You are never really ready for adventure

It’s three week until I board a plane bound for Romania to begin my bicycle journey to China, and one thing I know for sure, is that I’m not ready. There are in-fact many ways in which I’m not ready. The visas I need for the trip are still not processed, the equipment I need for the trip has not all been purchased, and perhaps most crucially, I still haven’t finished building the bicycle that I’m going to be riding there. What’s perhaps surprising about all of this though, is that accepting that you are not being ready is not a bad thing.

The primary concern in my mind at the moment is getting my bicycle finished, as without that the whole ‘bicycle trip to China’ aspect is going to be a lot harder. This is quite a big challenge as not only am I building a prototype of a new design of bicycle, it’s also the first bicycle I’ve ever built. Things are ticking over on this, and the pile of cut, bent, and mitred tubing on my workbench is reaching a satisfying height and lining up neatly with the drawings and plans. The ultimate welding together of it all will only take a day, so unfortunately until that point I’ve got to accept it’s going to keep looking like a big pile of tubes.


The route I’m taking is also becoming ever more fine tuned, with distances and number-of-days per leg getting mapped out. This isn’t even something I want to worry about, but the spectre of the stack of visas I’m going to need to cross nine international borders requires quite a bit of thought and paperwork. Uzbekistan and Iran are currently topping my list of difficult places to get a visa from, as I’ve found I’ve been delayed by the Iranian new year in my process for an application number. Once I get this, it still won’t be until I arrive in Istanbul that I can finally get the stamp that will allow me to cross into Iran.


What’s fortunate about this process, is that I know this is fine. That’s not to say that I’m sure I’ll get all the visa stamps in time, or that the bicycle construction will continue rolling on smoothly. What it means is that in order for me to have this adventure, there will be these unknown factors in there. You could try to plan a trip like this, for months or even years, but you would still reach a point where something happens unexpectedly and you must simply deal with it. The more you begin your journey with that attitude, the less stressful it will be when the time comes to do some problem solving.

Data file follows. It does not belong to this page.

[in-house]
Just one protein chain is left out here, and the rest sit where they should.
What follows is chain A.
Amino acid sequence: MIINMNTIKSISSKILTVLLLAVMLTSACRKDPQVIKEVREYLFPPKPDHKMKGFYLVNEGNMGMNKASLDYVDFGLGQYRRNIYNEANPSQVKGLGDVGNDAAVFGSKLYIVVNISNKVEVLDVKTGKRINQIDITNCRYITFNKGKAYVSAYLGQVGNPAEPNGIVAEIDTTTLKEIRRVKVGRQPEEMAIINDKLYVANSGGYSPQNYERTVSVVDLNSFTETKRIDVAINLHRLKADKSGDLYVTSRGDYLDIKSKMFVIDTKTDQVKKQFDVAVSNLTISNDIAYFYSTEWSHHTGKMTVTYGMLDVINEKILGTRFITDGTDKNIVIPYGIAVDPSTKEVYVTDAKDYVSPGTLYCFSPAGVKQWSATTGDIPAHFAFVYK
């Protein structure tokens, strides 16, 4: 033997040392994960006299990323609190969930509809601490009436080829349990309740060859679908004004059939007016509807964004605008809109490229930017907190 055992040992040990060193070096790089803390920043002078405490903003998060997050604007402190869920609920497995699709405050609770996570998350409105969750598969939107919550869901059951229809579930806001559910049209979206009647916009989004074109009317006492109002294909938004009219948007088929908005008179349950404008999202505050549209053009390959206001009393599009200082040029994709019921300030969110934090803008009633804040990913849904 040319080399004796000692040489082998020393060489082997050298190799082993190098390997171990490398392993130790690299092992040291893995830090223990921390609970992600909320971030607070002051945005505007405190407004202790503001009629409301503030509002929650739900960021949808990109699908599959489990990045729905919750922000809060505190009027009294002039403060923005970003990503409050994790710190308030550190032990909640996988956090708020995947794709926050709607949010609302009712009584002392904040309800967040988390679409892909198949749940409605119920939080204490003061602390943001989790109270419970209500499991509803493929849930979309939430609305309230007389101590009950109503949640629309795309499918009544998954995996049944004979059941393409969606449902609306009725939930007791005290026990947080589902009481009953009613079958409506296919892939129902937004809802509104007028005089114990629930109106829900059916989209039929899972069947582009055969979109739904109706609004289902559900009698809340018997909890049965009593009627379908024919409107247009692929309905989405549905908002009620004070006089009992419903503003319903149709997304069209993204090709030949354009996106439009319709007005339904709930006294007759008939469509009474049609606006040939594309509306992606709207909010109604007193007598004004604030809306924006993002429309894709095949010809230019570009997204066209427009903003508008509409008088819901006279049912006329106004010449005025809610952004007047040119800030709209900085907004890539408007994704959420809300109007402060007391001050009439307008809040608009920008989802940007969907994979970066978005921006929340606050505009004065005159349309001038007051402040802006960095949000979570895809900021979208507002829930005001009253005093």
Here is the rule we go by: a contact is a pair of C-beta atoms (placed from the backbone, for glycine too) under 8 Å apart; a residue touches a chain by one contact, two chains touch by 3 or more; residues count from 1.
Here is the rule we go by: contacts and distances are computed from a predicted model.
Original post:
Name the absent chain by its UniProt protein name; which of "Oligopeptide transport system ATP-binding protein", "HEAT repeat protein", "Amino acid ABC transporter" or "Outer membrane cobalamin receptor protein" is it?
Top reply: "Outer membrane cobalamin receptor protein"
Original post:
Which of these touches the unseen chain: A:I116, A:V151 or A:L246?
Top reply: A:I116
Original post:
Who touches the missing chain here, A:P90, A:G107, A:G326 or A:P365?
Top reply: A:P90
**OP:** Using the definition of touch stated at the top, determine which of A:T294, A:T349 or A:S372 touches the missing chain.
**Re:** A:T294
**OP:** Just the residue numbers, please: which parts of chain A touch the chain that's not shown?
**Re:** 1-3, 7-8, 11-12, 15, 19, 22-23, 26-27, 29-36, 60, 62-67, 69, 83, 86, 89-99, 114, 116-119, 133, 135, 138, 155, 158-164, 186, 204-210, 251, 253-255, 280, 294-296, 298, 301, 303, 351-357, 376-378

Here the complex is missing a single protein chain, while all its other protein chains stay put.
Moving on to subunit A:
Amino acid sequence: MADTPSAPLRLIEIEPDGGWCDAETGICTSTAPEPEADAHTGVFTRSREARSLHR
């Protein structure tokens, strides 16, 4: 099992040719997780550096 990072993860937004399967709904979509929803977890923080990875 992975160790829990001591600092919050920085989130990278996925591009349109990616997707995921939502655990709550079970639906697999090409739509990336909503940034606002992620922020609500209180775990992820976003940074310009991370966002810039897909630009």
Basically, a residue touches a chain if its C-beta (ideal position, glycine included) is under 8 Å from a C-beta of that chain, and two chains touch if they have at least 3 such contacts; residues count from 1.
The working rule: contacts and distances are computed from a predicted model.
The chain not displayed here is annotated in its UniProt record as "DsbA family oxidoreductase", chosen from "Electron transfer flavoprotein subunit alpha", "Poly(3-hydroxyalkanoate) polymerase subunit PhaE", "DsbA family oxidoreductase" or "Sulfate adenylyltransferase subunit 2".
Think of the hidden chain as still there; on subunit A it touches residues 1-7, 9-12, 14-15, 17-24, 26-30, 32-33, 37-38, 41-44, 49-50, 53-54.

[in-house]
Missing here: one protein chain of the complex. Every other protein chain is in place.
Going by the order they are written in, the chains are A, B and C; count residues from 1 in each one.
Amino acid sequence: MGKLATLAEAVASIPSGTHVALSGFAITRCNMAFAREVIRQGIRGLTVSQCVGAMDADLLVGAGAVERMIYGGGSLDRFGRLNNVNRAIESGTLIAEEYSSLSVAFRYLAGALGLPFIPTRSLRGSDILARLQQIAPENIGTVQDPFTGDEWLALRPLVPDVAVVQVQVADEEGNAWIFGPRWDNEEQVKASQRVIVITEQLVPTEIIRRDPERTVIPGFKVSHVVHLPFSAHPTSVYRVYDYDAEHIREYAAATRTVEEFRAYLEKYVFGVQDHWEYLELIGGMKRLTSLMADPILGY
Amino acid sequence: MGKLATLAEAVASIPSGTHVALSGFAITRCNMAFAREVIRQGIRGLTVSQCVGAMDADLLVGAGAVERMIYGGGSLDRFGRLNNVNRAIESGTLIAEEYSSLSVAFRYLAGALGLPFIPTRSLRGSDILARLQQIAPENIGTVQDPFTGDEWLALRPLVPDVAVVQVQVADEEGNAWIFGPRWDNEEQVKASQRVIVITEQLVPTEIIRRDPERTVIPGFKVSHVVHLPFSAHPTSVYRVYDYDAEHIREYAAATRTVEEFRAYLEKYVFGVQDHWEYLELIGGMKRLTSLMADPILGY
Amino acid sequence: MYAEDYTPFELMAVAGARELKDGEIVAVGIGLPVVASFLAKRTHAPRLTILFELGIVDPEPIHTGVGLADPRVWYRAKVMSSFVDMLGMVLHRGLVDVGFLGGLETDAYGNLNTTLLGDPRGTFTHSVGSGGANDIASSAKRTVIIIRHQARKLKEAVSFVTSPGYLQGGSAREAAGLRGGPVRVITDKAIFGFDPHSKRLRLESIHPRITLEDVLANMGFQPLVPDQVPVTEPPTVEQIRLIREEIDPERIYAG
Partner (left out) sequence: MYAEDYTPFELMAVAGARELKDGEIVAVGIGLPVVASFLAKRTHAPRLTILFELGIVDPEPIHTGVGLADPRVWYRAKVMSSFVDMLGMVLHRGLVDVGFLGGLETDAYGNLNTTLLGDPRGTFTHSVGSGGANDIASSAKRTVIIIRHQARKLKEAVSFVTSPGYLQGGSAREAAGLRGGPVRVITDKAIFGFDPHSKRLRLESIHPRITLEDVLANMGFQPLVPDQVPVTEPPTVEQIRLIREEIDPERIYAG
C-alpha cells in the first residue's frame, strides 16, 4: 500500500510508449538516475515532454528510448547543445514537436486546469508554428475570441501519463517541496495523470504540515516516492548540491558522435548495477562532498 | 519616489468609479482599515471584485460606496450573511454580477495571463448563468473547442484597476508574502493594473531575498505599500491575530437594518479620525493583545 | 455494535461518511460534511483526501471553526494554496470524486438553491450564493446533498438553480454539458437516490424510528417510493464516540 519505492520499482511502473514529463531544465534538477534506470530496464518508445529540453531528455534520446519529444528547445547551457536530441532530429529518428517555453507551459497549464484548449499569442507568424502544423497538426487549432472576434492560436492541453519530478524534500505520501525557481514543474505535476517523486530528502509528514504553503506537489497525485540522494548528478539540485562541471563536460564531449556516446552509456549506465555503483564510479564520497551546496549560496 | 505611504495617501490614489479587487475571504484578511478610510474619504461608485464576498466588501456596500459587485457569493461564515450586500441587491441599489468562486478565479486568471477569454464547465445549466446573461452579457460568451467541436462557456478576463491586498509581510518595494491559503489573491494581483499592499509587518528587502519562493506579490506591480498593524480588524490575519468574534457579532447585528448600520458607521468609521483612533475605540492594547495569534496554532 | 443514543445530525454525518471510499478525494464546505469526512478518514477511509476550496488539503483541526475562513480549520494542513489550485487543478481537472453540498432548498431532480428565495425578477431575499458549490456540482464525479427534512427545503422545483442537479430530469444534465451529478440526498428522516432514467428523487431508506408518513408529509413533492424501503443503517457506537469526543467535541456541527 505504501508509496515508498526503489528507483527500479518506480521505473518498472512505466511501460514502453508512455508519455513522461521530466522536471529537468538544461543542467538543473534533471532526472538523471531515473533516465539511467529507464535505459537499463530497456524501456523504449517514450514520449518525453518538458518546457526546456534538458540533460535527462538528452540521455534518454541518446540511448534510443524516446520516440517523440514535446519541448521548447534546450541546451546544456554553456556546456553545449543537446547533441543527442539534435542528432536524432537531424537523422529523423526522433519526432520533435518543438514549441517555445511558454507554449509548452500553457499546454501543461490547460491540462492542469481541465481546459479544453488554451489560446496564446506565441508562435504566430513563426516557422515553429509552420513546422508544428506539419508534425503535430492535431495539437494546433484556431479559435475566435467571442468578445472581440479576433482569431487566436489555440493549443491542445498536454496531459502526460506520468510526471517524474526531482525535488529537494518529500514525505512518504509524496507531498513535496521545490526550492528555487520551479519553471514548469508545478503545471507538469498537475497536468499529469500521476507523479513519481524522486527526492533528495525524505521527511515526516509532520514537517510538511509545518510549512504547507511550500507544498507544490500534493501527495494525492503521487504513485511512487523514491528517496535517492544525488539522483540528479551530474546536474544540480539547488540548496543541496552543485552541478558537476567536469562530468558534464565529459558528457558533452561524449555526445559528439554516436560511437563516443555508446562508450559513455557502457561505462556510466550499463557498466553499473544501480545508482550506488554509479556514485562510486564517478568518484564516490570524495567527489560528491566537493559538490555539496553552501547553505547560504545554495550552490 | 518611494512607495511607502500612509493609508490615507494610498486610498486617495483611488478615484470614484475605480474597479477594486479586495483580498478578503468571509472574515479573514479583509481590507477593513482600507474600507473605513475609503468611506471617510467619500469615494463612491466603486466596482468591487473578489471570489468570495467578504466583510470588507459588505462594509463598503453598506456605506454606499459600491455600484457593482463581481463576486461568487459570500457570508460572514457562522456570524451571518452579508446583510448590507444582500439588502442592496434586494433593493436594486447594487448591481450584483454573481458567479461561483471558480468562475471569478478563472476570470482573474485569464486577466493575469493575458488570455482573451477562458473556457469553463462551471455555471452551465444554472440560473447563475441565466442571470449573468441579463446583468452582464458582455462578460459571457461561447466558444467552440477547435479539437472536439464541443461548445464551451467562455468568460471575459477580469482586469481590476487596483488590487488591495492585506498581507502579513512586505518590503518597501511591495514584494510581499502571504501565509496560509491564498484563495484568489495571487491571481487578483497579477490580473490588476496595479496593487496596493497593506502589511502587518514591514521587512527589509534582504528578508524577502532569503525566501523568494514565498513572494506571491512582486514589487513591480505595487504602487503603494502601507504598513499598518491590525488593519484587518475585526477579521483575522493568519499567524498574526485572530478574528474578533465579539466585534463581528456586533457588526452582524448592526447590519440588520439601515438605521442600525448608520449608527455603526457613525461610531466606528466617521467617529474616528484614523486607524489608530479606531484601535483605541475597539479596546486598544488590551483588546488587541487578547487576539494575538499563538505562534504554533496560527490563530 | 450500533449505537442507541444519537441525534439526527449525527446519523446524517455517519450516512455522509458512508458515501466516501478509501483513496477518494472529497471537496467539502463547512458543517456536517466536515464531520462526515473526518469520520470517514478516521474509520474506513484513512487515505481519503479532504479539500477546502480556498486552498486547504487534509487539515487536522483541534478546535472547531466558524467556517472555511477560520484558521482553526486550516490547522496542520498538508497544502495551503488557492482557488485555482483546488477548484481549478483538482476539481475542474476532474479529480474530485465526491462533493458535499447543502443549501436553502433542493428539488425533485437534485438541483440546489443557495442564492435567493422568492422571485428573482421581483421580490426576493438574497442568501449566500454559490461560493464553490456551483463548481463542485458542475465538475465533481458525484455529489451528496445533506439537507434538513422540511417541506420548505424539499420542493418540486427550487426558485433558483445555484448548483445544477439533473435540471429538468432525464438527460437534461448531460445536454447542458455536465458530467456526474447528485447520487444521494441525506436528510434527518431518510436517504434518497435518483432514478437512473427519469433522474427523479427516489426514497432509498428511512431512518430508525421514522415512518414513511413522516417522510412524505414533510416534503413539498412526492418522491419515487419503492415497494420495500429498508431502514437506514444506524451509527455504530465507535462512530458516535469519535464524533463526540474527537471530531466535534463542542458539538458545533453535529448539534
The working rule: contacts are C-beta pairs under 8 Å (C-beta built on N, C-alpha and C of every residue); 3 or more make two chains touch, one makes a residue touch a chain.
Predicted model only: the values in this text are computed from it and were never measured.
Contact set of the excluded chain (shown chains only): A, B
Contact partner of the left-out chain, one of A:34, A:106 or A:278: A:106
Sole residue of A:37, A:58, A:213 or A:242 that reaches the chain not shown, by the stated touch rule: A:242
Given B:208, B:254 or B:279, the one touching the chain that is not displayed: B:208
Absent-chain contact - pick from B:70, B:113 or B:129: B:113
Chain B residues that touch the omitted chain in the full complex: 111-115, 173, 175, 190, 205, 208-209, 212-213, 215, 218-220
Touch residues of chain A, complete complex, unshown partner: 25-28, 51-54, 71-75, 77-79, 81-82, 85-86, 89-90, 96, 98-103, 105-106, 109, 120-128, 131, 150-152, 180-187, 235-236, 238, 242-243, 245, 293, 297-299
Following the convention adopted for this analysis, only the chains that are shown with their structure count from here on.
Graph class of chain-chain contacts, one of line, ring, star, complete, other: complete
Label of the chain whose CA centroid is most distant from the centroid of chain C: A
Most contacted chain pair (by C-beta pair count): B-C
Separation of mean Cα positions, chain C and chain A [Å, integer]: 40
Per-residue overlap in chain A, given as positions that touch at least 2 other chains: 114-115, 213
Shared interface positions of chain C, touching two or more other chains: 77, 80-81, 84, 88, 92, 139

Now I’m not saying that you could do a trip like this without planning it. The intricacies of the visa timings have needed some careful calculation and endless reference to other bicycle touring blogs about their experiences. Collecting those shared stories is very helpful, as it’s referencing similar situations that makes handling the unexpected more manageable. For example having completed several cycling tours already, the challenges of distance, finding food, finding shelter, and getting lost, also worry me less. Now having read the tales of people who have cycled similar journeys equally Iran has turned from bogeyman to an expected land of helpful hospitality.

With a journey like this, you’re always stepping into the unknown. If you weren’t, then your journey would be more a package holiday, carefully curated and guided, not necessarily worse, just absolutely different. We live in an age where we now have access to enough information about the world to pre-plan and research nearly every aspect of expeditions and journeys, but if you over-indulge in your research you not only kill the spontaneity and unexpected pleasures of your trip, you also harden yourself against being flexible and accommodating enough that when things don’t go to plan, you can change what you’re doing and roll with the punches.

Research and planning is great, but you must just accept that you’re never really, absolutely, completely ready for adventure.


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